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How to Deal with Toxic Behaviour People

What is Toxic Behavior and How to Deal with Toxic People?

What Is A Toxic Person?

Toxic behavior definition refers to a person whose behavior and ongoing actions cause harm to other people by physical or mental means. These are the people who spread negative or toxic stress or traumas on others behavior. Toxic behavior is not considered a mental disorder but is caused by a mental problem which is majorly reflected in personality disorders and unusual traits in human behavior.

At some point in our lives, we all come across someone who causes a lot of problems in our lives. They may stir up trouble and be the reason behind some conflicts. These people are actually toxic individuals, based on the behaviors they exhibit. 

The toxic traits of a toxic person include unsupportive and unpleasant behavior, being manipulative, judgmental, controlling, and self-centered. Such people can be the cause of various negative feelings and emotions that you may be experiencing like depression, anxiousness, worthlessness, and unhappiness. 

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Most often than not, a toxic person can be your closest friend, someone you have known all your life, or someone who came into your life abruptly like a colleague or college friend and was suddenly very important to you. We tend to have blind spots for such people and we usually ignore their toxic behavior regardless of how bad and unpleasant they often make us feel. In this article, we’ll talk about how you can recognize the toxic behavior patterns exhibited by someone you are close to and what you can do to deal with such a person.

What is a Toxic Personality Disorder?

To explain it in the most simple form, a toxic person is anyone whose behavior adds negativity and stress to your life. We often find ourselves asking this question: “Why is this person behaving this way?” And “what exactly led this person to be so toxic?” And there is usually an answer to these questions. Many people who behave in a toxic manner have been through trauma themselves, and instead of dealing with that trauma, these people start exhibiting toxic traits. These people usually don’t know how to process trauma and stress in a healthy manner, so they end up being unpleasant around people.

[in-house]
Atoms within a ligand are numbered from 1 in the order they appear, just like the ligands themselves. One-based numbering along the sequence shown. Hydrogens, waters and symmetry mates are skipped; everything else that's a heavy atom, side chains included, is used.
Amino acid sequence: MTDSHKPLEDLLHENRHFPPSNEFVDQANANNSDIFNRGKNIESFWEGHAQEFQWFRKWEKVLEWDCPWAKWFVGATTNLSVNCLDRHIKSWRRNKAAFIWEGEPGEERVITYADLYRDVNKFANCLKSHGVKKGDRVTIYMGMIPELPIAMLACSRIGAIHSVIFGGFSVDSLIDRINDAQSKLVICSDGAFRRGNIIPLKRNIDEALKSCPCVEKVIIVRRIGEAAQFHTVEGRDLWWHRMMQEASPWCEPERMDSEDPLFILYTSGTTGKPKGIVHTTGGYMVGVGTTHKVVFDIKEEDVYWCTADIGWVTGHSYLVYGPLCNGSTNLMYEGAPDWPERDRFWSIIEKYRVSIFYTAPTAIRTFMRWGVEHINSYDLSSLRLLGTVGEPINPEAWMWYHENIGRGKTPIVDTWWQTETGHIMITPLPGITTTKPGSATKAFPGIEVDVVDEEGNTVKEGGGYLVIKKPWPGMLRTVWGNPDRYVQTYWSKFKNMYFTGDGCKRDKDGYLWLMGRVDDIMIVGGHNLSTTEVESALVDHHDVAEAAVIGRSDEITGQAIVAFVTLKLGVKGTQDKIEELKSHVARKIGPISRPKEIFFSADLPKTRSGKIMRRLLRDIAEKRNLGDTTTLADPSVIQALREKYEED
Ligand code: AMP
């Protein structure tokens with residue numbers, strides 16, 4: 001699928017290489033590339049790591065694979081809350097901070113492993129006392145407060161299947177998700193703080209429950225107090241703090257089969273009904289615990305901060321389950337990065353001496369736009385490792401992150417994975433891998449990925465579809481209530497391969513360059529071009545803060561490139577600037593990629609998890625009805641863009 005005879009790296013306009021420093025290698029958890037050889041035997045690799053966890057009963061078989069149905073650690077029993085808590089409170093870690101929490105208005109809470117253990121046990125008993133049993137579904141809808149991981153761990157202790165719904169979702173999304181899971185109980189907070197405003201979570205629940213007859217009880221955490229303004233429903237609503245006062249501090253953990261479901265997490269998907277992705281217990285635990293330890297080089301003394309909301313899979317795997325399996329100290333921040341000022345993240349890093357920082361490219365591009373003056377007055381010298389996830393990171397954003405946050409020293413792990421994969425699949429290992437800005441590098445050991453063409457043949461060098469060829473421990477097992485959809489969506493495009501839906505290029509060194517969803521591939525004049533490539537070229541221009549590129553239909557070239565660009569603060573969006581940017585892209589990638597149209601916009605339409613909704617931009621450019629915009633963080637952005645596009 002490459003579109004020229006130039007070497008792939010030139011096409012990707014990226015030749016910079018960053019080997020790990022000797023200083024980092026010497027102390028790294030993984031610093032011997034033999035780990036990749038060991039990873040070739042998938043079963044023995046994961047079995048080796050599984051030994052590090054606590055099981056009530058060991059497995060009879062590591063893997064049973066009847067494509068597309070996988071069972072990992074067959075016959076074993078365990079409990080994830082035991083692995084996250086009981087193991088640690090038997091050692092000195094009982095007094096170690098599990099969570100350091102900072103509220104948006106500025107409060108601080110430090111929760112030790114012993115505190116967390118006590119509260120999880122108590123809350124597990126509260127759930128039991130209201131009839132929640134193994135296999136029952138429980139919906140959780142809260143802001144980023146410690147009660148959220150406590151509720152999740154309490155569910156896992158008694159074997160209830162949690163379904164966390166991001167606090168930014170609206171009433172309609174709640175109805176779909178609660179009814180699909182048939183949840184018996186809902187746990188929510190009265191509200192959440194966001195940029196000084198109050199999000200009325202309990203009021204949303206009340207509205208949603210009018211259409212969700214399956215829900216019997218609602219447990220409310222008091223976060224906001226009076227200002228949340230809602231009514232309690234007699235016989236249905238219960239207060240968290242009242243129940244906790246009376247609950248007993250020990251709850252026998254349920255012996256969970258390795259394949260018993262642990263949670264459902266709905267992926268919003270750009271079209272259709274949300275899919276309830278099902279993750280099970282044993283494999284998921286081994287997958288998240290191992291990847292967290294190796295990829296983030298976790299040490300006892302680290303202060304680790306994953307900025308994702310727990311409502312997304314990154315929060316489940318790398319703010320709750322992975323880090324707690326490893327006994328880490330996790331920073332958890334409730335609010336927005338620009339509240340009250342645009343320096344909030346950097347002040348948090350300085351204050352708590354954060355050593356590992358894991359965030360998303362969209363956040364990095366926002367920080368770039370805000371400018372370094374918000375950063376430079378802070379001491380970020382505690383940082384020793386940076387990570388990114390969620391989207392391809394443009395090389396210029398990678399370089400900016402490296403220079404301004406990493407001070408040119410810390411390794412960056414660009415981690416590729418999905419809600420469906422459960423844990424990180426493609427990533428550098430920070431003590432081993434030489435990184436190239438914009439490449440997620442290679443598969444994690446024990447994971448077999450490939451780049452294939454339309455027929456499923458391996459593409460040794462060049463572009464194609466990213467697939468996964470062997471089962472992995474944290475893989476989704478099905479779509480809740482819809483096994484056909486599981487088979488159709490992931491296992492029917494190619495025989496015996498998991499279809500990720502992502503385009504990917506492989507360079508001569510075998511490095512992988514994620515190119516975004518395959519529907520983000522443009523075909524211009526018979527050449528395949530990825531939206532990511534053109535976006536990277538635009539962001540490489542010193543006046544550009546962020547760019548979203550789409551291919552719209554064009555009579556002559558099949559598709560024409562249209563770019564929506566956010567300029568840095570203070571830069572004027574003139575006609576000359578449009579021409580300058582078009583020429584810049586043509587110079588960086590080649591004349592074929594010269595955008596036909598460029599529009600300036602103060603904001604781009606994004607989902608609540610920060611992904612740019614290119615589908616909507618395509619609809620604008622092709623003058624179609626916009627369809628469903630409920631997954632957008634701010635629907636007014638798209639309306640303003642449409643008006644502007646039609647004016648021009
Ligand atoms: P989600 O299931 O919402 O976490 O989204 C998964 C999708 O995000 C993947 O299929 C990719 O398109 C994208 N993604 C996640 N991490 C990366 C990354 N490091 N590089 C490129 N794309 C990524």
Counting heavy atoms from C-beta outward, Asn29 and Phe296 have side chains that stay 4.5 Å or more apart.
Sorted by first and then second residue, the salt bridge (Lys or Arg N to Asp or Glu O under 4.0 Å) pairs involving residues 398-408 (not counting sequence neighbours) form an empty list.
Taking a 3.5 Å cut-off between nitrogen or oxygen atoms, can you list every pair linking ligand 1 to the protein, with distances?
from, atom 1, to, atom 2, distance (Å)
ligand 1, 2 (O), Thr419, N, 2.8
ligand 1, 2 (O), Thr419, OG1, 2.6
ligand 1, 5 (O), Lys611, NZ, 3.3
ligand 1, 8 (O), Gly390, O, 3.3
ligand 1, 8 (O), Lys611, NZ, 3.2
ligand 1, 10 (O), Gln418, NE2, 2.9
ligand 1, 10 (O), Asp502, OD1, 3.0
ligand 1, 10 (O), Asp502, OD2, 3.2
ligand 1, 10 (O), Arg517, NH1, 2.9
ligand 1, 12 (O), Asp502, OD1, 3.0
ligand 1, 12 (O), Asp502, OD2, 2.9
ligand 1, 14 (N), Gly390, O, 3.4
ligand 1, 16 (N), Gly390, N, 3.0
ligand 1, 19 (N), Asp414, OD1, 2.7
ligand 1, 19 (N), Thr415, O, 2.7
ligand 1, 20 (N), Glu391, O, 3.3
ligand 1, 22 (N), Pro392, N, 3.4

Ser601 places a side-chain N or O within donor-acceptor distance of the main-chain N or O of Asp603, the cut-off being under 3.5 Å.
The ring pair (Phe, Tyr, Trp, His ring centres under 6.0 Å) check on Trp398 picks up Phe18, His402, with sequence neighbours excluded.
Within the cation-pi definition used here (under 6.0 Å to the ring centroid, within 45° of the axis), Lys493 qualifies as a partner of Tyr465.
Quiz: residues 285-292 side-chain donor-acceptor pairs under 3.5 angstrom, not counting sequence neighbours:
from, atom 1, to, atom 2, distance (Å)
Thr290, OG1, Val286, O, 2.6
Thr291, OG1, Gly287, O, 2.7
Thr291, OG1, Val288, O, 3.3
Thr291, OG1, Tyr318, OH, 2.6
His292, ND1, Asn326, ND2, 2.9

Toxicity is not considered a mental disorder but some mental disorders can be the underlying cause of toxic behavior, like borderline personality disorder, post-traumatic stress disorder, or bipolar disorder. As Christian Baloga, an award-winning artist and author has said: 

 “ Pay no attention to toxic words. What people say is often a reflection of themselves, not you.”

Traits of Toxic People

Toxic people exhibit some specific toxic traits. Here are some toxic traits you should familiarize yourself with. It will help you recognize the toxic behavior patterns of people around you: 

  1. Toxic people are very manipulative: Their methodology is to get people to do what they want. They are self-centered individuals. They tend to use people for their own and they use manipulation tactics to convince others to help them in their own agendas
  1. They are judgemental: While they want people to not hold them accountable for their own actions, they tend to be very judgmental towards other people. They often criticize you in front of others to belittle you. They highlight your flaws and the things they believe you have done wrong. 
  1. They don’t apologize: They have this unwavering belief that they are never wrong. They tend to blame others for their own mistakes. They would even go so far as claiming the victim status to get the attention and sympathy of others. 
  1. They are narcissistic and aggressive individuals: They are superficially charming, glib, and exciting. They have a sense of entitlement that leads to remarkable selfishness. They tend to assert their dominance over the people around them and they often get aggressive if things don’t go their way.
  1. They are inconsistent: They often change their perspective, attitude, and behavior depending on what they feel they need to accomplish or what they want to have happened.